Review Messiaen’s Quartet for the End of Time & Montgeroult’s Etudes, Royal Welsh College of Music and Drama by James Ellis

4 out of 5 stars (4 / 5) Messiaen’s Quartet for the End of Time

4 out of 5 stars (4 / 5) Montgeroult’s Etudes

French music filled the Royal Welsh over the past few days. In a concert entitled ‘Beauty in Darkness’ has at it’s focus the Quartet for the End of time by Olivier Messiaen, written whilst at a POW camp in Poland during WWII. The surreal nature of the piece stems from biblical protheses of the end of all things. Whilst the first part of the night had an unclear focus on composers effected by the Holocaust, these were unlisted pieces, which had a laid back and cheery feel to them.

The Messiaen quartet has such a strangeness about it, it’s hard not to be taken along. The oddball mix of instruments (violin, cello, clarinet and piano) proves the oddness though the effect on an audience since it’s first airing in the actual camp, can’t be underestimated. A devout Catholic, Messiaen saw hope through the darkness of his circumstances. A sparseness fills the work as the clarinet gets a resounding solo filled with bird song and staggering breath work. The cello has an unbearable and moving movement in the middle, the violin at the end reaching a similar sadness. The piano throughout is pounding, ethereal. It’s easy to underestimate the quartet but when sat there listening you feel the true power of Messiaen as a composer.

Violinist Bartosz Woroch has had the honour of performing once again, this piece where it first premiered. Here he leads, his love of the work always present. Fine musicianship.
On piano, Ayaka Shigeno battles the outrageous nature of her role, almost being the back bone of the work in a fierce display. I’ve heard Robert Plane play this piece with his clarinet a few times, he was replacing another ill musician. If anyone can truly do this part, it’s Plane who always dazzles. The rapt silence which fills his solo, the shrieks and sweet harmonies in other parts. WNO’s Rosie Bliss on cello makes her instrument weep more than usual, in an offering of such touching beauty. Few pieces in chamber music are truly as touching as this.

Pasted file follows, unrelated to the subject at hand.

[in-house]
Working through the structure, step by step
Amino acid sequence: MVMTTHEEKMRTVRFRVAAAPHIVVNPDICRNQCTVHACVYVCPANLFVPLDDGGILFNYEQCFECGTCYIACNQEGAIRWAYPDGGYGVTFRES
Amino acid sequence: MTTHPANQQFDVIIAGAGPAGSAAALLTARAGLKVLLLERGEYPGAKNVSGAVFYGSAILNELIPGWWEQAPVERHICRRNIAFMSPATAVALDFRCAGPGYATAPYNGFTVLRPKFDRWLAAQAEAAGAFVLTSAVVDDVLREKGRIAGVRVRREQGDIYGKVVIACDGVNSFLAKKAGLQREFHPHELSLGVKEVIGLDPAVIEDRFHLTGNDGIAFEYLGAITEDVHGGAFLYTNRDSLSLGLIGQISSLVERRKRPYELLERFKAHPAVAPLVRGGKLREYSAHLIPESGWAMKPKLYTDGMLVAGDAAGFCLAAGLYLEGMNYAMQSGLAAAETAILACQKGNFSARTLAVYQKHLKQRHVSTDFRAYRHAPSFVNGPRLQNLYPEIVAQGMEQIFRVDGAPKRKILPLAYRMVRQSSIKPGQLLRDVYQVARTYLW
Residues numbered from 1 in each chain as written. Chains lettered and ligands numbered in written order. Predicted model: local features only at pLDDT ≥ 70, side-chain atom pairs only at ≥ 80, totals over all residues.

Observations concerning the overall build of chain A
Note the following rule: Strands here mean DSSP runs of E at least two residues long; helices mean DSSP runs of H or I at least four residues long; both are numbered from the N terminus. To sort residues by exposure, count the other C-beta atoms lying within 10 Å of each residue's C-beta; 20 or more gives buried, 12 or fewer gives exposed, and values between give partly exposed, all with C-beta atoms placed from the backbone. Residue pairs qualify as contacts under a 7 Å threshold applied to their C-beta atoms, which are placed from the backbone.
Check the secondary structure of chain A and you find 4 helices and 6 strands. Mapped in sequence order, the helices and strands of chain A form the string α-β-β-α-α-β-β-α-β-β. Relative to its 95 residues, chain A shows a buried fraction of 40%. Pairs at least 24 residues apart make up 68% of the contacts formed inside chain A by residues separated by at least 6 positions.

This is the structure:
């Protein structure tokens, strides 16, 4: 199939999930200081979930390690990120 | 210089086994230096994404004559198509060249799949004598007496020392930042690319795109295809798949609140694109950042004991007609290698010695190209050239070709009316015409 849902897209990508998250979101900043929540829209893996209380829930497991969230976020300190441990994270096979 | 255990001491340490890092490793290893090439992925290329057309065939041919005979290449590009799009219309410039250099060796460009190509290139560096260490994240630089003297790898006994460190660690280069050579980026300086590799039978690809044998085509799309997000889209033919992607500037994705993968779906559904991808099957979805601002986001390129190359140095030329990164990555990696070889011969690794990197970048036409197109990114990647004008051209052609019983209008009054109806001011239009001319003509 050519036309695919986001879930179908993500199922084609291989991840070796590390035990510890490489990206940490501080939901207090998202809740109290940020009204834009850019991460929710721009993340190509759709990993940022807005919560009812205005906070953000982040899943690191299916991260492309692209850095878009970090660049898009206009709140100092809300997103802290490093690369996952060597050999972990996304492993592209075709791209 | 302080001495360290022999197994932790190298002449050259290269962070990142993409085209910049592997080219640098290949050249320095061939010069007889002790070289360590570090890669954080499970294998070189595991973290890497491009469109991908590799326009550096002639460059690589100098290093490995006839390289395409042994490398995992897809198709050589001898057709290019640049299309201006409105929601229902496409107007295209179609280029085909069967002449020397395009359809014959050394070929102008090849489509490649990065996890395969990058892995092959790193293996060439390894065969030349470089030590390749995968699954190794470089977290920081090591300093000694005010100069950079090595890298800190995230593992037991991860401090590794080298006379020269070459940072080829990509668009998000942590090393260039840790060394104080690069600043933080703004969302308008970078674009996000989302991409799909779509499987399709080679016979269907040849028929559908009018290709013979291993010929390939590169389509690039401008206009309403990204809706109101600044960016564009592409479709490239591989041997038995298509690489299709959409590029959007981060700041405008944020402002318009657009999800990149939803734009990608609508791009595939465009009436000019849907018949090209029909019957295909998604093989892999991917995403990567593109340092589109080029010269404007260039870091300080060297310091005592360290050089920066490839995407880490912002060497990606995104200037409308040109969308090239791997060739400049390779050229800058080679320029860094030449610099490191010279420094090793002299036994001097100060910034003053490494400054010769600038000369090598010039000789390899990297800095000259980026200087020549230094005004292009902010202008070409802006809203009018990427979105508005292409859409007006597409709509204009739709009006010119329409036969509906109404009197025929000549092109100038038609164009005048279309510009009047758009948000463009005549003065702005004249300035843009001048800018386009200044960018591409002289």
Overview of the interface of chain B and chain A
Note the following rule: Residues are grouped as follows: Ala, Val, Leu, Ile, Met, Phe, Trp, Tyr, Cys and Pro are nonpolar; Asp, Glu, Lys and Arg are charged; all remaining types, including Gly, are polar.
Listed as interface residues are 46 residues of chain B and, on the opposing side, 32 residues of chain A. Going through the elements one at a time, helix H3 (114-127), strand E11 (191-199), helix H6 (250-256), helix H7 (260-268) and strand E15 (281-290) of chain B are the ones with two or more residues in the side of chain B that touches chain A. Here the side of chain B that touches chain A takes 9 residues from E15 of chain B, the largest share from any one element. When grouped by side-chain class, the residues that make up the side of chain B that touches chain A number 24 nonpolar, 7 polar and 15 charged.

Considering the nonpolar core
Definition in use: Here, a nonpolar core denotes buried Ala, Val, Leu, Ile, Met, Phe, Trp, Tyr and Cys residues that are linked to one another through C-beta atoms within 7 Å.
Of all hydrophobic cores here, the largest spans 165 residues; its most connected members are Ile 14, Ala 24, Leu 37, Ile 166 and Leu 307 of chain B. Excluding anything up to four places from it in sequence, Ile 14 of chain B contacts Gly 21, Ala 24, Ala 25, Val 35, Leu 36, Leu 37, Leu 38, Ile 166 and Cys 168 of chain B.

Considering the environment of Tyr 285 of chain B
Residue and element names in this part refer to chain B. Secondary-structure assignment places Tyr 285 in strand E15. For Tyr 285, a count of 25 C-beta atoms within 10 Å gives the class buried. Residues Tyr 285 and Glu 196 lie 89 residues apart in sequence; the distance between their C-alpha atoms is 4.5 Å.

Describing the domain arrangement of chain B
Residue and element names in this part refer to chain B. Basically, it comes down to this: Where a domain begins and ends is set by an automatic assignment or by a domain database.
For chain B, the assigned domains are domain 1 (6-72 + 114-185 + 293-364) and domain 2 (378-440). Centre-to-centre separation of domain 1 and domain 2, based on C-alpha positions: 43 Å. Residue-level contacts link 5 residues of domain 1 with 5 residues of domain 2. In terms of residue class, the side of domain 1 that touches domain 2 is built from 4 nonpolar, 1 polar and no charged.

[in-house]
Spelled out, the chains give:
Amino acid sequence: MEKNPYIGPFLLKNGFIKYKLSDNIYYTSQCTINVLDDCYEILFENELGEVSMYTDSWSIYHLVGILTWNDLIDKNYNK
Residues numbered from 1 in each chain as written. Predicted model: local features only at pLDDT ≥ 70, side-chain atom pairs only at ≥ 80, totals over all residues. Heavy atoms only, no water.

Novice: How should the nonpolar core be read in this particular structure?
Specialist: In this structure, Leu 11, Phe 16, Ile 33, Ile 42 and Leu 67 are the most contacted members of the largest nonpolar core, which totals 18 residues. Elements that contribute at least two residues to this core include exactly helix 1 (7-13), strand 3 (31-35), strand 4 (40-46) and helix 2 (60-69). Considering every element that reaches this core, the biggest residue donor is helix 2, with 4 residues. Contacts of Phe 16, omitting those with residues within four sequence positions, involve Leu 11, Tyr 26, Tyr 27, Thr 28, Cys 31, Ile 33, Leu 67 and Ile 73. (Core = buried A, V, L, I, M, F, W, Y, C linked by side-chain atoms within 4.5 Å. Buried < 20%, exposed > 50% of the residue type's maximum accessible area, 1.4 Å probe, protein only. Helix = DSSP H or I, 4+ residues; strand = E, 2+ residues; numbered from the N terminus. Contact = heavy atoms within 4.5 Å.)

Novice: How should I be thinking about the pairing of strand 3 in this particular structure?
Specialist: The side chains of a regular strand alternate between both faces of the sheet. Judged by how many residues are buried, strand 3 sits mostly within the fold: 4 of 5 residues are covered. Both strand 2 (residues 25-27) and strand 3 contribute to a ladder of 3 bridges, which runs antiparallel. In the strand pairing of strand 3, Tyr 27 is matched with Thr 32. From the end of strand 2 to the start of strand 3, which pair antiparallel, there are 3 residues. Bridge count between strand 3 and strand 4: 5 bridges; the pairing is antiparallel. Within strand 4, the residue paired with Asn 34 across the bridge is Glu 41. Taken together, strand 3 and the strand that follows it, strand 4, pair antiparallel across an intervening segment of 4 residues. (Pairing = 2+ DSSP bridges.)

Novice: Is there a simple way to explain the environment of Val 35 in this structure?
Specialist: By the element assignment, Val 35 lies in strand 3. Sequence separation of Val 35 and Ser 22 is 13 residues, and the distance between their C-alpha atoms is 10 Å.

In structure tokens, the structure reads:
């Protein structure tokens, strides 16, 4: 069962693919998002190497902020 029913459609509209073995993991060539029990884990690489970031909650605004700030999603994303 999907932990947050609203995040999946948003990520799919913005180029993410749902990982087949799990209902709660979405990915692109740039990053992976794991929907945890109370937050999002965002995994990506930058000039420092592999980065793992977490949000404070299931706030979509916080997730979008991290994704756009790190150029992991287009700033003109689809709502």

Composer Hélène de Montgeroult is a new discovery for me. With recent campaigns from Clare Hammond, new ears will get to hear more of a woman who lead a stimulating life. An aristocrat who fled France during The Great Terror, she would later be nearly executed were it not for her rousing variations on the French anthem. I’d like to think that story is true, you can already see the feature film on her life. With an army of students from the college, an array of her Etudes graced a small but eager afternoon audience. How utterly charming these pieces were. Somewhere between Mozart, Brahms and early other romantics with her own voice ringing through. There was a spiralling technique, with moments of humble resignation and a confidence in its music making.

The students did an impressive job of bringing these fluttery etudes to life. There may have been a misstep here and there, but the whole concert remained a delight. Looking back, I’d say the Etude no. 28 in E major stayed in the mind. The left hand notation for Etude no. 99 in E flat major for two pianos was another highlight. With the amount of musicians on stage, it went along swimmingly with the occasional adjustment to the piano stool as brief rest bites. Promising young musicians played in this and we all hope their time at the college is fruitful.

The real question remains why she has been forgotten to time? Is it sexism or politics? This remains an unjust crime which is in need of swift rectification. Consider me a proud convert.

Clare Hammond’s recording of Montgerolut’s Etudes with BIS Records is due for release in autumn 2022.

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